So if we take, for example, a more complex narrative — Wise Blood, a famous American novel by Flannery O’Connor — we can see a set of characters that are much more complicated than the superficial distinction between — or division into — good and bad. The main character, Hazel Motes, is a young man who is an anti-preacher: he is against religion, he hates God, he hates Jesus, and he starts — or he founds — his own church: the Church Without Christ. Paradoxically, he is completely devoted to the Church Without Christ; he has a lot of faith in the Church Without Christ; he’s an absolute believer in the truth of Church Without Christ — which means that he’s a very honest, very sincere, very serious person. When he’s confronted by frauds — people who pretend to be representing God but are actually in the religion business to make money — he kills one of them. In that sense, he plays the role of an angry biblical prophet — Elijah, for example. He’s violent, he’s self-tortured, toward the end the novel he blinds himself — and at the very end he’s willing to make the ultimate sacrifice and die — for the sake of truth, for the sake of showing people that they are being deceived by fake preachers and false prophets. He’s willing to die for the sake of saving the masses from their own blindness. We could say that he really becomes a Christ figure. And it’s very strange, because he’s not a very sympathetic character. He's not a lovable character. He’s not Luke Skywalker. He’s controlled by rage, he’s a killer, he rejects the people who follow him — his own disciples — and he ends up dead. But that’s a round character.
Other round characters in this novel are his disciples. One of them is a nasty kind of guy — ugly, aggressive, a Peeping Tom who is often rude to people, and who is himself a target for — or a victim of — ridicule and abuse. He steals a museum artifact, he physically attacks an actor in a gorilla costume — then he puts it on and becomes a gorilla himself, and disappears into the wilderness — we never find out what happens to him at the end — but he’s the most honest, most loyal, most devoted disciple: he basically plays the role of Saint Peter.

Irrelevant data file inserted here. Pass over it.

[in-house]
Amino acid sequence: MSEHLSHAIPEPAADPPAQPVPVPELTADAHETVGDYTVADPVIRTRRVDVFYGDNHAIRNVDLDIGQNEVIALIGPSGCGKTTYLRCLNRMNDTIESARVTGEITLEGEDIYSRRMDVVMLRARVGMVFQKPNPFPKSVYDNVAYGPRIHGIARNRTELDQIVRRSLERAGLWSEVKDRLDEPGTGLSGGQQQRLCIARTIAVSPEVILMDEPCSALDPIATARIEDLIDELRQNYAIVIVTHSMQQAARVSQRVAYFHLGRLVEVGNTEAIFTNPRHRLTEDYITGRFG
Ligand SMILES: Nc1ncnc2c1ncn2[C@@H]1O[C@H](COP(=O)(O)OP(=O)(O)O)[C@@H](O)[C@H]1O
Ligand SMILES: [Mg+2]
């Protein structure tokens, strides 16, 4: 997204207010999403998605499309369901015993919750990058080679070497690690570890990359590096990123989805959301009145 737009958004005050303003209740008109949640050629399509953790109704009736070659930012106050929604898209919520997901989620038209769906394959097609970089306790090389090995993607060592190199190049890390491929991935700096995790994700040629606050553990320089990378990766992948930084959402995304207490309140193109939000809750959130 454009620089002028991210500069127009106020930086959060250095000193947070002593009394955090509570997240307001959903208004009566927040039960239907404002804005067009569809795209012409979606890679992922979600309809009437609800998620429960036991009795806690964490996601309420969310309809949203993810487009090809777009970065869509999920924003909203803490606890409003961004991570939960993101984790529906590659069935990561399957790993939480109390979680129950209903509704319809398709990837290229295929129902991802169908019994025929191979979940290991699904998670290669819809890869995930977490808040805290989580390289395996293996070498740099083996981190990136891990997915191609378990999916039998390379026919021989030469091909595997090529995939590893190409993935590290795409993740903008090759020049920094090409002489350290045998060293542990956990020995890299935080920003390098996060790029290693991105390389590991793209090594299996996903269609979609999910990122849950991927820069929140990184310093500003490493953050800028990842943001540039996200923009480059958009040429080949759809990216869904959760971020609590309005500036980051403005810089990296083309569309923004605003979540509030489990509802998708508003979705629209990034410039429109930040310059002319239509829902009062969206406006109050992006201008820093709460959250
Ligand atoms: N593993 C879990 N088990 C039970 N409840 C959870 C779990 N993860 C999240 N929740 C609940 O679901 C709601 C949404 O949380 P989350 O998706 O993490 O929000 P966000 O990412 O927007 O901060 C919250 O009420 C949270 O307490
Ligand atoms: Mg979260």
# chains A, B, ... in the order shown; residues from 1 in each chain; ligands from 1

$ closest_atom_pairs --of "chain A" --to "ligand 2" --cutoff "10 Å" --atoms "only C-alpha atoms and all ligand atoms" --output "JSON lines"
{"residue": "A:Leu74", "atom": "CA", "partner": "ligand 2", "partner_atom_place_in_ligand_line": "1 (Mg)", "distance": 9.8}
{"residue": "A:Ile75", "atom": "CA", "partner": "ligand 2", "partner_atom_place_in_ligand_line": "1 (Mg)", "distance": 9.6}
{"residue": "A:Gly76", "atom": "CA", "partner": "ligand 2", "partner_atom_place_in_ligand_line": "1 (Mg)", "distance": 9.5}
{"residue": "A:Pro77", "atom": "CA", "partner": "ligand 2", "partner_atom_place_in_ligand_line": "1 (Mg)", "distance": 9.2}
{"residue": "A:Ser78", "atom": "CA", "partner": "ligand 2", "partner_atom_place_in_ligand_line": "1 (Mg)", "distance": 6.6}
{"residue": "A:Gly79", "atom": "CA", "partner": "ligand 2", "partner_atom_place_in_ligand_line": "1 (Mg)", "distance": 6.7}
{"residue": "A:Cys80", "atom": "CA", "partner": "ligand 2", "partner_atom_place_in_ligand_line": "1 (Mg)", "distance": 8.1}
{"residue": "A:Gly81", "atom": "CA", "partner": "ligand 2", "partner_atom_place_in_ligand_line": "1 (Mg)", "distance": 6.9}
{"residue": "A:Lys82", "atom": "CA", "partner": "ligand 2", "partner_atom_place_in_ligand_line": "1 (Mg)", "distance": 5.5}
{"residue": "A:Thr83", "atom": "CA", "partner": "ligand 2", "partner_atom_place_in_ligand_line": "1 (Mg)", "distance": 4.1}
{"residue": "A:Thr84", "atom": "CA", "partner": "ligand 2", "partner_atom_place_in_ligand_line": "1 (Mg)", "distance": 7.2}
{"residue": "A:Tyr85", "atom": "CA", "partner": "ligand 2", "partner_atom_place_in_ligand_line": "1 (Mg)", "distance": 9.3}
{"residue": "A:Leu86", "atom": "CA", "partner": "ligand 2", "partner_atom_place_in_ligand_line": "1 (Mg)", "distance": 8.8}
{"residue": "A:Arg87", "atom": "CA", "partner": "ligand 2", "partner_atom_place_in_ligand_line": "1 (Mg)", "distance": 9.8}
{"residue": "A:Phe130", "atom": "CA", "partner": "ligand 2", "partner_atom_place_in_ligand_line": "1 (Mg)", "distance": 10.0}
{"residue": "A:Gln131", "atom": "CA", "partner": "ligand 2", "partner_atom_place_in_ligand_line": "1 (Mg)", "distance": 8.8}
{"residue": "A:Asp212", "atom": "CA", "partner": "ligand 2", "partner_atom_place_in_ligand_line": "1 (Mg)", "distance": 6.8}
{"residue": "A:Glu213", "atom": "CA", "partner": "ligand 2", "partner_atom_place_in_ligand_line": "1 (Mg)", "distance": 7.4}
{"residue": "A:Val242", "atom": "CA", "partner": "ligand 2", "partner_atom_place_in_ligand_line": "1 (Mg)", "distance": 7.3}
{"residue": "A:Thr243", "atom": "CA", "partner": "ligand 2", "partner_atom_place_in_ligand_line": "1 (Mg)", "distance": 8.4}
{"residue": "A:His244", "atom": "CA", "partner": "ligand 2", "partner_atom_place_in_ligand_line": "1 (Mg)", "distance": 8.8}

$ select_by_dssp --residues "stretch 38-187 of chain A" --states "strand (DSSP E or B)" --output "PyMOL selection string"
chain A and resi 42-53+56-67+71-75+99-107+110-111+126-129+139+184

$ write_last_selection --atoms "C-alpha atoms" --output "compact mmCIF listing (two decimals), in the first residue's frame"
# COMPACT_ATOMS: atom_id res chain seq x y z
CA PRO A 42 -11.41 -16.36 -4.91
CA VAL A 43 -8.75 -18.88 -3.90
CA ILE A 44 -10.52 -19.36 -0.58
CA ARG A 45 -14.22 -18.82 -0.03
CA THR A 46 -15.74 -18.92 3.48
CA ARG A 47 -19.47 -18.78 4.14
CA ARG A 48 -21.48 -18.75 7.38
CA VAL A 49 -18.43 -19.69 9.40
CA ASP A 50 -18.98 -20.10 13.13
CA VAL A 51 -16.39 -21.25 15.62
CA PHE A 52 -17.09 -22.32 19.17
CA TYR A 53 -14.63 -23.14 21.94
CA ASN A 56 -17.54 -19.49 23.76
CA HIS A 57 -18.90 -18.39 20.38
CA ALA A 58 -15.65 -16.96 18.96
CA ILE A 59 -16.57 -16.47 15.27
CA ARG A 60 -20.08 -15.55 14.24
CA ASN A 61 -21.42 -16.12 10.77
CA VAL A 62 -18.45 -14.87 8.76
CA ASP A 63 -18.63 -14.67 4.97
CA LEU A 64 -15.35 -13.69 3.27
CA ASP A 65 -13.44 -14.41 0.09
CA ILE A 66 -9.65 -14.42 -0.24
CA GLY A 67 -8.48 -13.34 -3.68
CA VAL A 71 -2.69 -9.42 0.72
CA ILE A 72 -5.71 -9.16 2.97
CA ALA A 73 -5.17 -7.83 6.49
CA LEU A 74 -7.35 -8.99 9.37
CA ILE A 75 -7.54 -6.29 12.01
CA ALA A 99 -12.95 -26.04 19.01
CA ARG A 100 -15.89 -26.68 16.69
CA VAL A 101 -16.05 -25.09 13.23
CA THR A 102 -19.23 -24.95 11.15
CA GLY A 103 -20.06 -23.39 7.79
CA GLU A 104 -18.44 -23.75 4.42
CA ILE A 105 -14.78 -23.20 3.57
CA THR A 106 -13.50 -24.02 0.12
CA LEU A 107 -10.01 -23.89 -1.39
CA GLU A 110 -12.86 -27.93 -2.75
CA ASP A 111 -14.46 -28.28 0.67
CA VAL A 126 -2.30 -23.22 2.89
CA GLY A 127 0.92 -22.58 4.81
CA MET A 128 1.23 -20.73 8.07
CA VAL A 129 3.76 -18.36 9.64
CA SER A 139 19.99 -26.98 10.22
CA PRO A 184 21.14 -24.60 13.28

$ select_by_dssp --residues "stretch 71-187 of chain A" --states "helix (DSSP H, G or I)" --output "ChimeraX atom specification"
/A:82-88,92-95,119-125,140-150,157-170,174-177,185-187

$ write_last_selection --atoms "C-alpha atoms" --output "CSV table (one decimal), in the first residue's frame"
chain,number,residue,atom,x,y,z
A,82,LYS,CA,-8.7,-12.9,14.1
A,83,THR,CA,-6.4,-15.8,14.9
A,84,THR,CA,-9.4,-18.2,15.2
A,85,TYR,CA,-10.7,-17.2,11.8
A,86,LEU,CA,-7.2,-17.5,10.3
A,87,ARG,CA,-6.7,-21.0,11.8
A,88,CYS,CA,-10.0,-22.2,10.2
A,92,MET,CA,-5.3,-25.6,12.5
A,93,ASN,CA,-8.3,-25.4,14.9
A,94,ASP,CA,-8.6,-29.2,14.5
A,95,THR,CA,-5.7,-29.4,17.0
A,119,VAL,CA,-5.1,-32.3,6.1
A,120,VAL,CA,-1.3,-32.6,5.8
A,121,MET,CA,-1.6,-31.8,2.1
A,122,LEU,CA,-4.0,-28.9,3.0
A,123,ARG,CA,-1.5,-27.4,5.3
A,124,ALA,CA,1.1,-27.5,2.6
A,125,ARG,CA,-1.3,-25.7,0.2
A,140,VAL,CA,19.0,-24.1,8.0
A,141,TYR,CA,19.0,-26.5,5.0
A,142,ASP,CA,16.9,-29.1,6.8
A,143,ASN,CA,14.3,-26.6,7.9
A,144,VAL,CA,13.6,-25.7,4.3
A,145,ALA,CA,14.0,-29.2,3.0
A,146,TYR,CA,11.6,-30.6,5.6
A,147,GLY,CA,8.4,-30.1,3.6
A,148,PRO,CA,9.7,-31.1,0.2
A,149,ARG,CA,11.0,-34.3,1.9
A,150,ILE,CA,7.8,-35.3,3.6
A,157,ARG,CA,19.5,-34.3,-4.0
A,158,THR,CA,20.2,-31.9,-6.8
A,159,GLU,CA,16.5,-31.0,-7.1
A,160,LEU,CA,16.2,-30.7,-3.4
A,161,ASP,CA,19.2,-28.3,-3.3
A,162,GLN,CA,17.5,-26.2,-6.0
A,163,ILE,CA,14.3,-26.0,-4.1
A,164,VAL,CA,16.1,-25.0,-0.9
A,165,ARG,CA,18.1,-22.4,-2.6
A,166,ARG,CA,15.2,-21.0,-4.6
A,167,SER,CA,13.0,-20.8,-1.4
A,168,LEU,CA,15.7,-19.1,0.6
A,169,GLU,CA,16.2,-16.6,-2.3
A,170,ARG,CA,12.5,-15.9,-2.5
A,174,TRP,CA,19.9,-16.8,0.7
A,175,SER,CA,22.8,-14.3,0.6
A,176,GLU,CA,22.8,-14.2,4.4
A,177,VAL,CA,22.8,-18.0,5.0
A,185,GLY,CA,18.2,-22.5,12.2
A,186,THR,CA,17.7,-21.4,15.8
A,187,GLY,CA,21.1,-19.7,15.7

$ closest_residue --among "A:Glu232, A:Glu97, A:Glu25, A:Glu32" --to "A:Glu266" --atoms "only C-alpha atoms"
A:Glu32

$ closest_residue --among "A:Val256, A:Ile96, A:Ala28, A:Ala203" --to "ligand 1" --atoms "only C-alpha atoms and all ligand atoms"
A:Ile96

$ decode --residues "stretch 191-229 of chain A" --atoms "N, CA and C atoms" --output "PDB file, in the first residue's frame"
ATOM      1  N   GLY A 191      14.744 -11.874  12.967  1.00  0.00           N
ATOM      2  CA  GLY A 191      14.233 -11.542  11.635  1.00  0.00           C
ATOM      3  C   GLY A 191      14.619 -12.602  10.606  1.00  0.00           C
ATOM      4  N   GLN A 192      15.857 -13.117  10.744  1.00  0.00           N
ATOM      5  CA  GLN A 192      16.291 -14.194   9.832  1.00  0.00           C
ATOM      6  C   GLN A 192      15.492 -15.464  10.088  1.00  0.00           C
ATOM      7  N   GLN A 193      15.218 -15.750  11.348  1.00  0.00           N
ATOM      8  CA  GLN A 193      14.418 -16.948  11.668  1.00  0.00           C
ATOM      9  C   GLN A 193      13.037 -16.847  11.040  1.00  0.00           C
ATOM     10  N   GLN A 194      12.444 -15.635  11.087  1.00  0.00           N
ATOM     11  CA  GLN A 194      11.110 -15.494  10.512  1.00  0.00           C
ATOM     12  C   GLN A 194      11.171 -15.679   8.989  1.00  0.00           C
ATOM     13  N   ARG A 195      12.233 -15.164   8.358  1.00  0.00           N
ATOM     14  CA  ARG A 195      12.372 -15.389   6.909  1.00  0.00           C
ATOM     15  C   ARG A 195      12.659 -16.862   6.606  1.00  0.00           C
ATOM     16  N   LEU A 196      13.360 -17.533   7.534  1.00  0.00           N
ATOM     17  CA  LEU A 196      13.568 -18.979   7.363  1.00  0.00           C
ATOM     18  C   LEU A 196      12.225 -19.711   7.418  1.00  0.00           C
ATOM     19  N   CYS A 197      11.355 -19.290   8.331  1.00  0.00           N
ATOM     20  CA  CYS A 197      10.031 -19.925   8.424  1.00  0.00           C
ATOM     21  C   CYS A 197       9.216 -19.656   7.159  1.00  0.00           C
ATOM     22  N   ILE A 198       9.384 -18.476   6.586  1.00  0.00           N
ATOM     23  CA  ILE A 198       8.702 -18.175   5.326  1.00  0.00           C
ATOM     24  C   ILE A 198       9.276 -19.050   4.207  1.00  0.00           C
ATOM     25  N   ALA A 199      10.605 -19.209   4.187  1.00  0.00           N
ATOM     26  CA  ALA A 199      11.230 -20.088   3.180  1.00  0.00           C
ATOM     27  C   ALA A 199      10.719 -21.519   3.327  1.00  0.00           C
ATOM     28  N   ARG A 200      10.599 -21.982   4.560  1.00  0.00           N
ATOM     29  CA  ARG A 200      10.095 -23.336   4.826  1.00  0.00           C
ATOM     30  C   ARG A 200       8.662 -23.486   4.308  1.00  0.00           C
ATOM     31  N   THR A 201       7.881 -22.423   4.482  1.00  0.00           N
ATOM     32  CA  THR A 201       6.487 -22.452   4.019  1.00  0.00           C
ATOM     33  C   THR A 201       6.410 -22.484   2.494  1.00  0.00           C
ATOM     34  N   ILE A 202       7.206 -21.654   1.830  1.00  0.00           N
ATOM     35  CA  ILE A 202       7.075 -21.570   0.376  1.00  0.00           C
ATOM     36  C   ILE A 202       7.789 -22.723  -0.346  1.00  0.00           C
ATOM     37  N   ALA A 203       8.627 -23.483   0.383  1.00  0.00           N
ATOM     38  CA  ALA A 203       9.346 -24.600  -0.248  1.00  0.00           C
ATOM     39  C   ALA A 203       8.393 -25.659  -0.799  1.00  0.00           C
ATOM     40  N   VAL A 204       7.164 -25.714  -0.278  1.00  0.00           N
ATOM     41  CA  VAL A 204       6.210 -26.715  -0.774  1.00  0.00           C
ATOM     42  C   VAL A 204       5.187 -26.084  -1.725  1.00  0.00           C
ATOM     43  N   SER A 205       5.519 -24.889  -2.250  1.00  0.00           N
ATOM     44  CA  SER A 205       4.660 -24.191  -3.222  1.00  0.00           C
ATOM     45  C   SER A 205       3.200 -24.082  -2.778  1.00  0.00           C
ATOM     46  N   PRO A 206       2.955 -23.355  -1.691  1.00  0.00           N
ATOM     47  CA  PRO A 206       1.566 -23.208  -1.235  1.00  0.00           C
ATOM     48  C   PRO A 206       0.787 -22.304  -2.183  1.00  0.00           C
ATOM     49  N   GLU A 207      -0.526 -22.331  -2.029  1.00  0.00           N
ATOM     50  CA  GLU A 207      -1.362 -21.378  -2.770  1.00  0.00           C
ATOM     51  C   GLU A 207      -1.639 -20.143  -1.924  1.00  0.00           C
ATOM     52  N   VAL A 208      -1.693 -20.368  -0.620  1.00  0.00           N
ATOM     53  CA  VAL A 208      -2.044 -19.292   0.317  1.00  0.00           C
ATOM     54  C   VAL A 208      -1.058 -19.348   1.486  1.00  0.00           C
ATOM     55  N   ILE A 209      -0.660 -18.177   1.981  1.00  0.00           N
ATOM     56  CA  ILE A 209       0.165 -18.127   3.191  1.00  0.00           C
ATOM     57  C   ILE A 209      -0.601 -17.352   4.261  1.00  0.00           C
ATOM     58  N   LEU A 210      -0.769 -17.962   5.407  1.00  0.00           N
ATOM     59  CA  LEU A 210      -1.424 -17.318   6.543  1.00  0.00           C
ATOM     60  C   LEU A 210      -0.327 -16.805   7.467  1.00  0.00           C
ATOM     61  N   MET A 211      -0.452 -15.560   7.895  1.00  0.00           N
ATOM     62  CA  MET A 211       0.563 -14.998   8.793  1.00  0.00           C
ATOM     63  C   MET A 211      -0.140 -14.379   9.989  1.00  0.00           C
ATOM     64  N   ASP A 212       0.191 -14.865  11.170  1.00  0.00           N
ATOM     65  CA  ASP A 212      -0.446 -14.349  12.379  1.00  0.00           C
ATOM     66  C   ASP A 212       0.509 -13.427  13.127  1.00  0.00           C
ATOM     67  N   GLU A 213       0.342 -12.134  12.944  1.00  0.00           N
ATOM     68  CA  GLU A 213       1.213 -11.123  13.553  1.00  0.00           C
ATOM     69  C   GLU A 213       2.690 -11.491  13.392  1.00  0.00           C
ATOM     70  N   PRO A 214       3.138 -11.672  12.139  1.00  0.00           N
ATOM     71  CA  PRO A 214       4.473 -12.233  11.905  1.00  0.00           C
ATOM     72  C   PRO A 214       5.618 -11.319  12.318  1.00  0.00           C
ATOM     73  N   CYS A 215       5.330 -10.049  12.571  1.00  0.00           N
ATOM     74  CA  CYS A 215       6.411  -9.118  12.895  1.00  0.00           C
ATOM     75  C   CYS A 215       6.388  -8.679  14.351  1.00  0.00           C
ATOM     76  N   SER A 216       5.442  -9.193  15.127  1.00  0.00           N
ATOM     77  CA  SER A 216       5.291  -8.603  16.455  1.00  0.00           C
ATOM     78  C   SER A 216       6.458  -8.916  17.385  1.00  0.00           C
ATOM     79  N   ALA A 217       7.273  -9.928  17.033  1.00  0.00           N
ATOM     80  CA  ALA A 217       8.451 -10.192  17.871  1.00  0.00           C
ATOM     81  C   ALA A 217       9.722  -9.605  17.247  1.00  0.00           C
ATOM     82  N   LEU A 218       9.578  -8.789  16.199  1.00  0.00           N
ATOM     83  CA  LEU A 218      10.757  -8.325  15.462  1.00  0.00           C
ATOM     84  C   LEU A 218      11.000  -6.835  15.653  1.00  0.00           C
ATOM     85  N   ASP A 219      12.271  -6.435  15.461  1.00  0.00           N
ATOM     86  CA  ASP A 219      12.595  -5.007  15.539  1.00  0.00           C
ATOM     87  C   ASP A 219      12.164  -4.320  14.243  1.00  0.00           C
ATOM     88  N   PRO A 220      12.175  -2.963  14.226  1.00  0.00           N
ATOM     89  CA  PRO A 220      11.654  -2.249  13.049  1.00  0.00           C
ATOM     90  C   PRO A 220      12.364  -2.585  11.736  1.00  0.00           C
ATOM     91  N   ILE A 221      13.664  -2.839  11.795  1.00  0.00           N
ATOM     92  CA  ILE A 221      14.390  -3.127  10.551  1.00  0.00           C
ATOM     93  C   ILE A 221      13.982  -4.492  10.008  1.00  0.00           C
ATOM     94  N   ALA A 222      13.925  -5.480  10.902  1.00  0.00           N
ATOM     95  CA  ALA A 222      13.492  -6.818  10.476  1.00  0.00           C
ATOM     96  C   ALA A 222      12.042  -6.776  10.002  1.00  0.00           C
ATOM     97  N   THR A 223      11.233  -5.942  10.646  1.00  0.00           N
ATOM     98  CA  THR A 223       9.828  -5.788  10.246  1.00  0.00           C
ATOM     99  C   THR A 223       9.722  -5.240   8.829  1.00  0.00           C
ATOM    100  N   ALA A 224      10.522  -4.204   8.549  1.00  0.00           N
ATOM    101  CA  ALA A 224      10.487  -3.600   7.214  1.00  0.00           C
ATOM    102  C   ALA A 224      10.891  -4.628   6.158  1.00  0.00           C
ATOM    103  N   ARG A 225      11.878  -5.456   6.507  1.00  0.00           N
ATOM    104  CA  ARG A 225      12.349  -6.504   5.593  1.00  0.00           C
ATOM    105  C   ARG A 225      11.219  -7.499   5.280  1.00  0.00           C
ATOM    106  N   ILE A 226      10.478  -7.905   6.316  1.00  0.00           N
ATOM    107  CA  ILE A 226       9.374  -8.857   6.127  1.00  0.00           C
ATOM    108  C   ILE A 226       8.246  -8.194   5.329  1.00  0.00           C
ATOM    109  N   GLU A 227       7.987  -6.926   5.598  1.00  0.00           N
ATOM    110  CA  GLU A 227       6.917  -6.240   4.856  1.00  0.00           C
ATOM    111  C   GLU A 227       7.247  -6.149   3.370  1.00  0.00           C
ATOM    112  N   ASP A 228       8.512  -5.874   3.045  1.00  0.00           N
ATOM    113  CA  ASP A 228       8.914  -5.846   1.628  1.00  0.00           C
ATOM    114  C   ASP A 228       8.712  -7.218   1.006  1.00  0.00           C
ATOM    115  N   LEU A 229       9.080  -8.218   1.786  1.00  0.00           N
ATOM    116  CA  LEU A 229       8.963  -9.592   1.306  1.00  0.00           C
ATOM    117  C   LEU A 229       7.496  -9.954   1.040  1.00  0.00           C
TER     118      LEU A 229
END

Another disciple is a questionable young woman who works as a sidekick for a conman — she’s wild, she’s self-serving, she’s consumed by sexual urges — she’s a self-proclaimed sinner — but at the same time, she’s kind, compassionate, sensitive. Another round character.
Naturally, some characters in this novel are flat. These are all the greedy people who pretend to be righteous while cheating everybody in sight. For example, the landlady, Mrs. Flood, a sweet old lonely woman who, I think, is a horrible person and not so sweet at all. She’s gluttonous and avaricious, and she doesn’t change throughout the novel, even if she claims she does.
It’s interesting that we are often trained to look for depth when we examine literary characters, and sometimes it’s hard for us to accept the fact that certain characters remain flat in spite of our tendency to think about them in terms of growth, transformation, epiphany, and so on. I think that the point is that good fiction often presents a curious interplay of flat characters and round characters, and it’s not always easy to tell which is which.
Flannery O'Connor's short story "A Good Man is Hard to Find" offers a good opportunity to practice identifying flat vs round characters that fits well with this video. The flatness of most of her characters in the story expresses O'Connor's critique the unthinking nature of post-Reconstruction southern mythology. The Misfit is the only clearly "round" character in the story. The story pivots around the central question "Does the Grandmother change at the end?", which suggests the possibility of redemption linked to her "roundness." This is a subject of ongoing scholarly debate that students could join.